The door is now closed for submissions to the MDB Authority for consideration in the revised Draft Basin Plan, and to the parliamentary inquiry chaired by Tony Windsor into the socio-economic impacts. The next round of research on the socio-economic impacts has been commissioned if it is not yet under way. Meanwhile we await the announcement of Mike Taylor’s successor as chair of the authority.

So as public servants in Canberra head for no doubt a well-earned rest, what can be gleaned from the debate at the end of act one?

There is now a broad consensus from the work of several separate and independent economic studies that at national and regional level the overall impacts of securing a sustainable environment through water reform will be negligible. There is agreement too that during the drought when farmers lost 70% of water allocations, agricultural productivity dropped by only 1%.

Australian farmers are resilient and resourceful and Basin communities are adaptive. Consequently the authority must put forward a more convincing argument to justify its 4000 G/Ly limit on water returned to the environment. Its claim that the socio-economic impacts will be too great beyond this level remains unproven.

However, we do know that for some Basin communities the impacts will be severe and their future livelihoods will be at risk. The 90 or so towns most likely to be affected are already known. No doubt many of these will be clustered together in identifiable sub-regional areas.

Yet in the absence of any robust plans to enable such communities to transition to a different form of local economy there is understandable reluctance to name these relatively few vulnerable places. To do so might only trigger a spiral of decline that would be difficult to reverse and give the impression that they had been abandoned by government. Impressions are important.

It seems unlikely that the additional research on socio-economic impacts will add much that is useful to what we already know and need to know. Rather its purpose is to show that the authority and government is doing something in response to public criticism.

The most troubling aspect at this intermission is the sense that government shows little sign of knowing what it should do about those communities that will feel the greatest impacts. The Commonwealth is willing to continue spending vast amounts of tax dollars to gather more probably unnecessary information yet is unwilling to explore strategies to address the consequences of water reform.

It is as though it has lost confidence in its capacity to solve problems. It has shown little confidence in the capacity of Basin communities to engage in a process of planned reform. Instead the limitations of its responsibilities seem to extend only as far as knowing about the socio-economic impacts and drawing a line beyond which it will not impose further change. Communities are then left to fend for themselves.

In Canberra, government departments continue to act in silos, public servants have little contact with basin communities and no attempt has been made to engage with those at the local level who can reflect the whole spectrum of community views and who are willing to embrace reform. Public servants seem overly anxious about such direct engagement, understandable without some political leadership, but over-reliability on private consultants to provide answers is a poor recipe for policy making.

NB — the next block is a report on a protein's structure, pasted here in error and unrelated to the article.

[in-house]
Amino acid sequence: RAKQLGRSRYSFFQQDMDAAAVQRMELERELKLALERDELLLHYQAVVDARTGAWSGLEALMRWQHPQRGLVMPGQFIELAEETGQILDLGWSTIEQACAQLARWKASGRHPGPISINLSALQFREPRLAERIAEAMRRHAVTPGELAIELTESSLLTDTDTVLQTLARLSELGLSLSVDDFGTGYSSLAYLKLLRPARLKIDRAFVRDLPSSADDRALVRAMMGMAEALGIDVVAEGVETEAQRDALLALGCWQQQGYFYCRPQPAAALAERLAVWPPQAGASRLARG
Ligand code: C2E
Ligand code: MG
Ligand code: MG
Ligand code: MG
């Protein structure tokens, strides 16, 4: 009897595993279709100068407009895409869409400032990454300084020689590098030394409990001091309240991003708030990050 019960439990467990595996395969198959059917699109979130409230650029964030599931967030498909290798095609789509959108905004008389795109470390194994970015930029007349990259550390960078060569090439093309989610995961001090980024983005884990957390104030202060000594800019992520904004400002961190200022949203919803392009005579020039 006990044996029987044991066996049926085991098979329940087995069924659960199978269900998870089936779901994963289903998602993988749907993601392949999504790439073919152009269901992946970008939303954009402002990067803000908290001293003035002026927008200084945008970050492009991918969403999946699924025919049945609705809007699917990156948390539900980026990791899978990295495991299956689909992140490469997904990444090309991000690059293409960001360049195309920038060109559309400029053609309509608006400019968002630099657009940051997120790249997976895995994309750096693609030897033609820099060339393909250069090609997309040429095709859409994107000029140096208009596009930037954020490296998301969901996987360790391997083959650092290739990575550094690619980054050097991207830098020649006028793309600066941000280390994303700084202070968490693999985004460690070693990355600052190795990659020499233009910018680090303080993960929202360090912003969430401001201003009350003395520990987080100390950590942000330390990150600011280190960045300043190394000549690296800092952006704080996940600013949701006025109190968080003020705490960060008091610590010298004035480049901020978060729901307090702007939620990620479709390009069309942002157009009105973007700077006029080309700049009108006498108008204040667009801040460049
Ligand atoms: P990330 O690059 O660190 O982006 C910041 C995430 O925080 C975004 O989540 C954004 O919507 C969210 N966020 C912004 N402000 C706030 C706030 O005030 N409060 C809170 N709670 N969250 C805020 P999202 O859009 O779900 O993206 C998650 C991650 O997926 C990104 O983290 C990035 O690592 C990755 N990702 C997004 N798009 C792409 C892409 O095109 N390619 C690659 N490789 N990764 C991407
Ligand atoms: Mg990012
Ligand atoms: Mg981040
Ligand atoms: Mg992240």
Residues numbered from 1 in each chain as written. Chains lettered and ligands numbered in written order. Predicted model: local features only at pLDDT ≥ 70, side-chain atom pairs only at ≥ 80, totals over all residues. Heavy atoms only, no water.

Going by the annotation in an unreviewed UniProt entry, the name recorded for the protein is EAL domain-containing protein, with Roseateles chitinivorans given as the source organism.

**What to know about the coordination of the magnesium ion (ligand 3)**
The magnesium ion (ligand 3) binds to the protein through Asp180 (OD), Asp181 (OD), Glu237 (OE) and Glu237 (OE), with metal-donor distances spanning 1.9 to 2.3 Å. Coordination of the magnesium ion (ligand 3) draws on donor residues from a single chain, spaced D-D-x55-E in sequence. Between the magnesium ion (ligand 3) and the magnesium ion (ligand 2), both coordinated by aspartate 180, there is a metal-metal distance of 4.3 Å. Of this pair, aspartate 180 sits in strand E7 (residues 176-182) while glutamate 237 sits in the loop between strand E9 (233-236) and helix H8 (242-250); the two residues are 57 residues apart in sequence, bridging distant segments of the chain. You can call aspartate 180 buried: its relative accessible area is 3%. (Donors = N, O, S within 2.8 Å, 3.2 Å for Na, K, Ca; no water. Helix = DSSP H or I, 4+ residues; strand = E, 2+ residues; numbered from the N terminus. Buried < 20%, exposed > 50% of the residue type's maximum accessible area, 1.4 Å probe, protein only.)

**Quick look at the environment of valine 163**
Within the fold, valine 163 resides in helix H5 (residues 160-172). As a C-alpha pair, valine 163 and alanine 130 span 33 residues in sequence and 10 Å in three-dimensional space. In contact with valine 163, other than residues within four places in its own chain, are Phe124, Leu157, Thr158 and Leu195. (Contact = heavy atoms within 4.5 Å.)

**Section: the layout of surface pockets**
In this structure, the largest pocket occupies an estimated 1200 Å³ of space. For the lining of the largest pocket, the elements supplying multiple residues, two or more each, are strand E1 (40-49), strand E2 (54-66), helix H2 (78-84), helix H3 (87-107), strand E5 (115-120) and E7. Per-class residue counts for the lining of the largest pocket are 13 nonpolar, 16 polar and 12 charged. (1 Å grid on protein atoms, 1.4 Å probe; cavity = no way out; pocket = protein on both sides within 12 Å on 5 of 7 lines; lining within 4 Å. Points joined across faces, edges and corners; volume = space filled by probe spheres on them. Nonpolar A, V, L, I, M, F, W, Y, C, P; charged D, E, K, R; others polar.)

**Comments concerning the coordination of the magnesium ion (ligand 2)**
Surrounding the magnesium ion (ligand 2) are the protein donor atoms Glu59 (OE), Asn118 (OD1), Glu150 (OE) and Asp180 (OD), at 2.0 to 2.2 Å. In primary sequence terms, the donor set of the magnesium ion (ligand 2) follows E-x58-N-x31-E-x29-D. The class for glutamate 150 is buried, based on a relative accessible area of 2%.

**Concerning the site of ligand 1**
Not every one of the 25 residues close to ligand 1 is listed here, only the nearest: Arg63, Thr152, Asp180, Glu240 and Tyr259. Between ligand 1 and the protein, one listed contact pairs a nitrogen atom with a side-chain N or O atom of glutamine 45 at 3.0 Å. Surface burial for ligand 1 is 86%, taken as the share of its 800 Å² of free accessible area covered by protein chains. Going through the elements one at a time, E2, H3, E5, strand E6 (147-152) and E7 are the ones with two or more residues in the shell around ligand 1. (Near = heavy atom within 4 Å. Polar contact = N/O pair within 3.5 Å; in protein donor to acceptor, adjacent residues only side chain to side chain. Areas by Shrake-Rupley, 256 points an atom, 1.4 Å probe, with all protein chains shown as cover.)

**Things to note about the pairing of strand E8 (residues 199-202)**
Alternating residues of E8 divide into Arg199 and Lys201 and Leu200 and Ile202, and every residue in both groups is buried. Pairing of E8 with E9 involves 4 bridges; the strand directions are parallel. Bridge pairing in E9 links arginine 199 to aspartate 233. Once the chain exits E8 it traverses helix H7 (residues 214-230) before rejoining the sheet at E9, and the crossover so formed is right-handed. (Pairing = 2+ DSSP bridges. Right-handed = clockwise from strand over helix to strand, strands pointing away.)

While both departments claim to be talking with each other neither minister Tony Burke nor Simon Crean show any indication of offering a joint strategy to a situation that clearly cuts across both portfolios. Labour is no doubt it is feeling cautious after a year of policy and electoral setbacks but a policy vacuum in response to the human consequences of environmental reform is not good politics.

What is required is a federally driven regional investment strategy led by a cross-departmental team, overseen by Burke, Crean and Windsor, working closely with their state and local government counterparts and in partnership with basin communities. By working with progressive community voices that see the need for reform and the possibilities for re-shaping and re-energising the local economy such communities can secure a sustainable future. Those voices are out there in and beyond irrigated agriculture. If government can harness that energy and leadership such communities, supported with the right technical advise, can attract new investment capital and retain what is already there.

Bringing sometimes divided communities together to tackle what are indeed challenging issues requires a particular expertise. Across Australia, working in different settings, there are those with the required skills and experience. We need to appoint a team of the best of them to work over a sustained period to help bring about the necessary changes.

To make this real government needs itself to invest substantial funds; public money well spent on securing important parts of the Basin and regional Australia. Prime Minister Gillard has promised that 2011 will be a year of decision-making and clear policy direction. Securing the future of regional Basin communities would be a good place to begin to demonstrate political leadership.

Australia needs to rise above sectional interests for the common good and support those asked to bear the brunt of making changes in the wider interest.

This is part of a Rooted series from different interested parties — farmers, lobby groups, environmentalists, etc — discussing their reactions to the guide of the draft Murray-Darling Basin Plan and the community consultations surrounding it, called Murray Murmurings. If you’d like to contribute your thoughts, email [email protected]

Peter Fray

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